Biosingularity

Archive for June 2009

A Kansas State University researcher is studying the potential health benefits of a specially bred purple sweet potato because its dominant purple color results in an increased amount of anti-cancer components.

K-State’s Soyoung Lim, doctoral student in human nutrition, Manhattan, is working with George Wang, associate professor of human nutrition at K-State, to understand the pigment effects of a Kansas-bred purple sweet potato on cancer prevention.

 A Kansas State University researcher is studying the potential health benefits of a specially bred purple sweet potato because its dominant purple color results in an increased amount of anti-cancer components.  Credit: Kansas State University media relations

A Kansas State University researcher is studying the potential health benefits of a specially bred purple sweet potato because its dominant purple color results in an increased amount of anti-cancer components. Credit: Kansas State University media relations

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New research from the University of North Carolina at Chapel Hill School of Medicine finds that aerobic activity may keep the brain young.

In the study published July 9 in the American Journal of Neuroradiology, physically active elderly people showed healthier cerebral blood vessels.
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A new computer model developed at MIT can help solve a problem that has plagued drug companies trying to develop promising new treatments made of antibodies: Such drugs have a relatively short shelf life because they tend to clump together, rendering them ineffective. Read the rest of this entry »

The more than 1.5 million Americans with systemic lupus erythematosus (or lupus) suffer from a variety of symptoms that flare and subside, often including painful or swollen joints, extreme fatigue, skin rashes, fever, and kidney problems. Researchers at The Scripps Research Institute have now identified the main trigger for the development of this disease.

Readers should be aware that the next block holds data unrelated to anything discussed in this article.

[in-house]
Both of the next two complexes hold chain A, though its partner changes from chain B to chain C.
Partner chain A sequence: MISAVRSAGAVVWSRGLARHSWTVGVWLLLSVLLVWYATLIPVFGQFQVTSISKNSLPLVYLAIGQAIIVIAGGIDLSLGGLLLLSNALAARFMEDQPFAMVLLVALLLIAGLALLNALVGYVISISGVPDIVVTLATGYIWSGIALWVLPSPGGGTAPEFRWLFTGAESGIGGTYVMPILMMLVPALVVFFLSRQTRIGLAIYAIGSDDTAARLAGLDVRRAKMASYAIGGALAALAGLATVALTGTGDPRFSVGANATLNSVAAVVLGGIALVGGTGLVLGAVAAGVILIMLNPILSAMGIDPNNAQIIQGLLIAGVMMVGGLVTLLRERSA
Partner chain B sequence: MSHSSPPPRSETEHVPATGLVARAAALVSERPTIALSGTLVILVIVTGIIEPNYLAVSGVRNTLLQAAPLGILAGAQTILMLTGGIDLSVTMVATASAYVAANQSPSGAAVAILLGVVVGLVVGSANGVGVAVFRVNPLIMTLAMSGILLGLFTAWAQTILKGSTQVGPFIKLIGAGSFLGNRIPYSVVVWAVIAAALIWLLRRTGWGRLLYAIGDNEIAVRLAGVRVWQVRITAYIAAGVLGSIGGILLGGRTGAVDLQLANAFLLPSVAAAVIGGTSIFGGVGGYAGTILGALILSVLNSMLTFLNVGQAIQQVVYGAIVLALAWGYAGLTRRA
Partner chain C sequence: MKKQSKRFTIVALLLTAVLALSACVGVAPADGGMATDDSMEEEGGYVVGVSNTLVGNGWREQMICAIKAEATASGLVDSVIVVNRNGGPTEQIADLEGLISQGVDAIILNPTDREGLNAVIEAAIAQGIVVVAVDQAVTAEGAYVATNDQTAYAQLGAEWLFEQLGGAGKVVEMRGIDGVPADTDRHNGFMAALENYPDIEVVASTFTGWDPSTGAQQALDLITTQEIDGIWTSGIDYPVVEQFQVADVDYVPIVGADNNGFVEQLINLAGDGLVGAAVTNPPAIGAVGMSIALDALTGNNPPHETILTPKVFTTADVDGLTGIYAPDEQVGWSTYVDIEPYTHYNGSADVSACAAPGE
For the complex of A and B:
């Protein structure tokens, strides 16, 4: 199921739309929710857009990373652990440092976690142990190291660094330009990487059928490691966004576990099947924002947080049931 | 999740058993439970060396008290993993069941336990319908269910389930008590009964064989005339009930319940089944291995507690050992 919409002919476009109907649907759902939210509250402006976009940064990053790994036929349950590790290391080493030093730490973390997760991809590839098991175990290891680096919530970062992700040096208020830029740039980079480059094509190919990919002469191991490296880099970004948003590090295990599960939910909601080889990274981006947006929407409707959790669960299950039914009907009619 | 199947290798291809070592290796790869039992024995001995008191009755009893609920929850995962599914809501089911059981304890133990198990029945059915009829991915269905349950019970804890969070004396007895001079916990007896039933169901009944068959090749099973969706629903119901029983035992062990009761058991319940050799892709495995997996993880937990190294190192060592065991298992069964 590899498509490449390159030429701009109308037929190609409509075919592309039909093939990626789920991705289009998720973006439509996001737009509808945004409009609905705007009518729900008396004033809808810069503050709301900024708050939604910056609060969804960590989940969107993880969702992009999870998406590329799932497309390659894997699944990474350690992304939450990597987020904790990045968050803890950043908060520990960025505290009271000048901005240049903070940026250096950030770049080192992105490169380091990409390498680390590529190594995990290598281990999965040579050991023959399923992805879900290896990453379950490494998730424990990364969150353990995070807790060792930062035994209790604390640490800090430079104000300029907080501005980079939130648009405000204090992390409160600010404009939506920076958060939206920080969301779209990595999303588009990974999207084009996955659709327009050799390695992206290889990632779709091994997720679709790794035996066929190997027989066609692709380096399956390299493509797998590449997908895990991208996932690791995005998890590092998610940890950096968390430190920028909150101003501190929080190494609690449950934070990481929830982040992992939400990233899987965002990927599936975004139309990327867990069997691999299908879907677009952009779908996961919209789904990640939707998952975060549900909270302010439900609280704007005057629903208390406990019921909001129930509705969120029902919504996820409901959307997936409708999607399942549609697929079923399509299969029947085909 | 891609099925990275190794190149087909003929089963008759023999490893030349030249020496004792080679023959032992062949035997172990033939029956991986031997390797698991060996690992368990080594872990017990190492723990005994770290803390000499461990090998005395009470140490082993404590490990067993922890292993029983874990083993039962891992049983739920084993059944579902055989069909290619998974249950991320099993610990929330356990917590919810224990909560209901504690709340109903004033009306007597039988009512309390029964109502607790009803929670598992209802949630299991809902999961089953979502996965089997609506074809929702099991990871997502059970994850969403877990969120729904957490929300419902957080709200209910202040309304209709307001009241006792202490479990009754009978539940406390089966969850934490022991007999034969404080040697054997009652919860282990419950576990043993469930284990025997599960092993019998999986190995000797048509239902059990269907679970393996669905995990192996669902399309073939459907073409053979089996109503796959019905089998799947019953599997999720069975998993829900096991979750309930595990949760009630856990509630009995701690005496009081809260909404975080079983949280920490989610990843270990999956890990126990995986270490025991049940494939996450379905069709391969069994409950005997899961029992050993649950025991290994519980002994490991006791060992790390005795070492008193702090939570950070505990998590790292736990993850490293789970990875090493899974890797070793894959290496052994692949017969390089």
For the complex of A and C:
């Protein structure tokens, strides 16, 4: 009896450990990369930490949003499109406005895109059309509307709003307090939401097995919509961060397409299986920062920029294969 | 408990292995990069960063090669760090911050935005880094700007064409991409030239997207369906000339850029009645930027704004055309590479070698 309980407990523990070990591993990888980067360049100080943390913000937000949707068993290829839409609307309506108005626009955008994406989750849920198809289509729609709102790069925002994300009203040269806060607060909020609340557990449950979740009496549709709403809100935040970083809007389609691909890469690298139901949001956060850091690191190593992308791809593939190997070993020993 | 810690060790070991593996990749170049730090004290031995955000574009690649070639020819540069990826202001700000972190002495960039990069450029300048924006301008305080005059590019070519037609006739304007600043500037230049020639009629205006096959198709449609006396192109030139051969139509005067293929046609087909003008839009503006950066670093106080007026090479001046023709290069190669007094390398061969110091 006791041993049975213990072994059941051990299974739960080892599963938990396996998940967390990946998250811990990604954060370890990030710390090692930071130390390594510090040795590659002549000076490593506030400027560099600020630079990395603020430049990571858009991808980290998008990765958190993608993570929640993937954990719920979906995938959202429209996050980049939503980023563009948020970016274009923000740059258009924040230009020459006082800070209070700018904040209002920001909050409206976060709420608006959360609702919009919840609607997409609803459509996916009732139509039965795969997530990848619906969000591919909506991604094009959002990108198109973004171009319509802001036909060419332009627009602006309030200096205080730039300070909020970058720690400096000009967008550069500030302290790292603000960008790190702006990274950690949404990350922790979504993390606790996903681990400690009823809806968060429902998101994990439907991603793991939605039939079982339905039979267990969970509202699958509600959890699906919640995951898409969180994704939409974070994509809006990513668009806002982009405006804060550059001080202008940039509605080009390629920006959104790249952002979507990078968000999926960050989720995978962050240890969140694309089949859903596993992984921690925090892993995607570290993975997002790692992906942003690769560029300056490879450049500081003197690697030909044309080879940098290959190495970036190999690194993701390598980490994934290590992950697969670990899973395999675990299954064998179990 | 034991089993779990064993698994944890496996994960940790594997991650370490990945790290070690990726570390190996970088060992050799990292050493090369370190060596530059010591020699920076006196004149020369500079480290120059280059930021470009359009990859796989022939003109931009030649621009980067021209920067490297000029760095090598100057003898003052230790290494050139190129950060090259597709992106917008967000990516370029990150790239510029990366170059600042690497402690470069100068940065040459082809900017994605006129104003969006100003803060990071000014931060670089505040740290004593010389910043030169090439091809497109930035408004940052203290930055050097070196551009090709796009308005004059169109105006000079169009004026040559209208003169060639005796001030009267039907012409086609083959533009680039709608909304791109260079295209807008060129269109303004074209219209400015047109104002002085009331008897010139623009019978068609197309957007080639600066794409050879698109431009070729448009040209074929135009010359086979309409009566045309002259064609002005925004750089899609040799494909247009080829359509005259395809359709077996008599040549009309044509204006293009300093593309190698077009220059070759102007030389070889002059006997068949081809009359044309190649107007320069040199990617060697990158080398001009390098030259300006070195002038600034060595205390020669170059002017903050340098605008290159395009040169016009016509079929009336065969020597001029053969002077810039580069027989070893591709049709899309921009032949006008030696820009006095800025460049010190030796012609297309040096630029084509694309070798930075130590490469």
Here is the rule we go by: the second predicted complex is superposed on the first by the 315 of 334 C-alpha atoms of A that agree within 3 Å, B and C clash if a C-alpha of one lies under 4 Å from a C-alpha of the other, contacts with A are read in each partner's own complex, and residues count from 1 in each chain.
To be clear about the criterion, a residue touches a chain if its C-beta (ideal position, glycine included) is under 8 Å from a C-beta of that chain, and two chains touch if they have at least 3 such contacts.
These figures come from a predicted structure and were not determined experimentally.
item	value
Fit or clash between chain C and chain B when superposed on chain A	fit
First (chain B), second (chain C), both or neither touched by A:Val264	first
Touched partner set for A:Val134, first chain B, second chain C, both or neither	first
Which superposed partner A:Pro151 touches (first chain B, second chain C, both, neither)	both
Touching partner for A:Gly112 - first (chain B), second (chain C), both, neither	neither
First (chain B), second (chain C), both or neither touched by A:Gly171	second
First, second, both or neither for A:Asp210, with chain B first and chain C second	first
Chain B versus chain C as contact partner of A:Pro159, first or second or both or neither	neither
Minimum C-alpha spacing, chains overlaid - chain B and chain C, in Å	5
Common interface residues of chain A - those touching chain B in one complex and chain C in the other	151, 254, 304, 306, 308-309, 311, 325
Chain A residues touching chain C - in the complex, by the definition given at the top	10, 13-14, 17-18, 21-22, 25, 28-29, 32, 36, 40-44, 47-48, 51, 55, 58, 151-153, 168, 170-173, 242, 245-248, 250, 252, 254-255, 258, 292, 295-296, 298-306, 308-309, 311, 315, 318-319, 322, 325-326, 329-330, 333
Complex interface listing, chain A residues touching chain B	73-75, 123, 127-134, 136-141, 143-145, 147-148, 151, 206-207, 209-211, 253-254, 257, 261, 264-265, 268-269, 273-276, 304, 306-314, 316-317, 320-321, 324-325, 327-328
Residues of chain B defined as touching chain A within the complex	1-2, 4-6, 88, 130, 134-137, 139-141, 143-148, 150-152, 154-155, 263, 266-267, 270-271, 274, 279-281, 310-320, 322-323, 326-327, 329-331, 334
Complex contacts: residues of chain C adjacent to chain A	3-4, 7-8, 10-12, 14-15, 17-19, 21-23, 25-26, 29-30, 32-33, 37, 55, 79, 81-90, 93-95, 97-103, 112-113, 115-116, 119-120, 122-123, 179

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Neural stem cells represent the cellular backup of our brain. These cells are capable of self-renewal to form new stem cells or differentiate into neurons, astrocytes or oligodendrocytes. Astrocytes have supportive functions in the environment of neurons, while oligodendrocytes form the myelin layer around axons in order to accelerate neuronal signal transmission.

But how does a neural stem cell „know” which way it is supposed to develop? On the molecular level receptors of the Notch family play a significant role in this process. So far, only stimulating extracellular ligands of Notch receptors had been described. Biochemists of Goethe University Medical School now describe a long time assumed but not yet identified soluble Notch inhibitor.
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Amsterdam, The Netherlands: Daily sex (or ejaculating daily) for seven days improves men’s sperm quality by reducing the amount of DNA damage, according to an Australian study presented today (Tuesday) to the 25th annual meeting of the European Society of Human Reproduction and Embryology in Amsterdam.
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Scientists from Texas are batty over a new discovery which could lead to the single most important medical breakthrough in human history—significantly longer lifespans. The discovery, featured on the cover of the July 2009 print issue of The FASEB Journal (http://www.fasebj.org), shows that proper protein folding over time in long-lived bats explains why they live significantly longer than other mammals of comparable size, such as mice.
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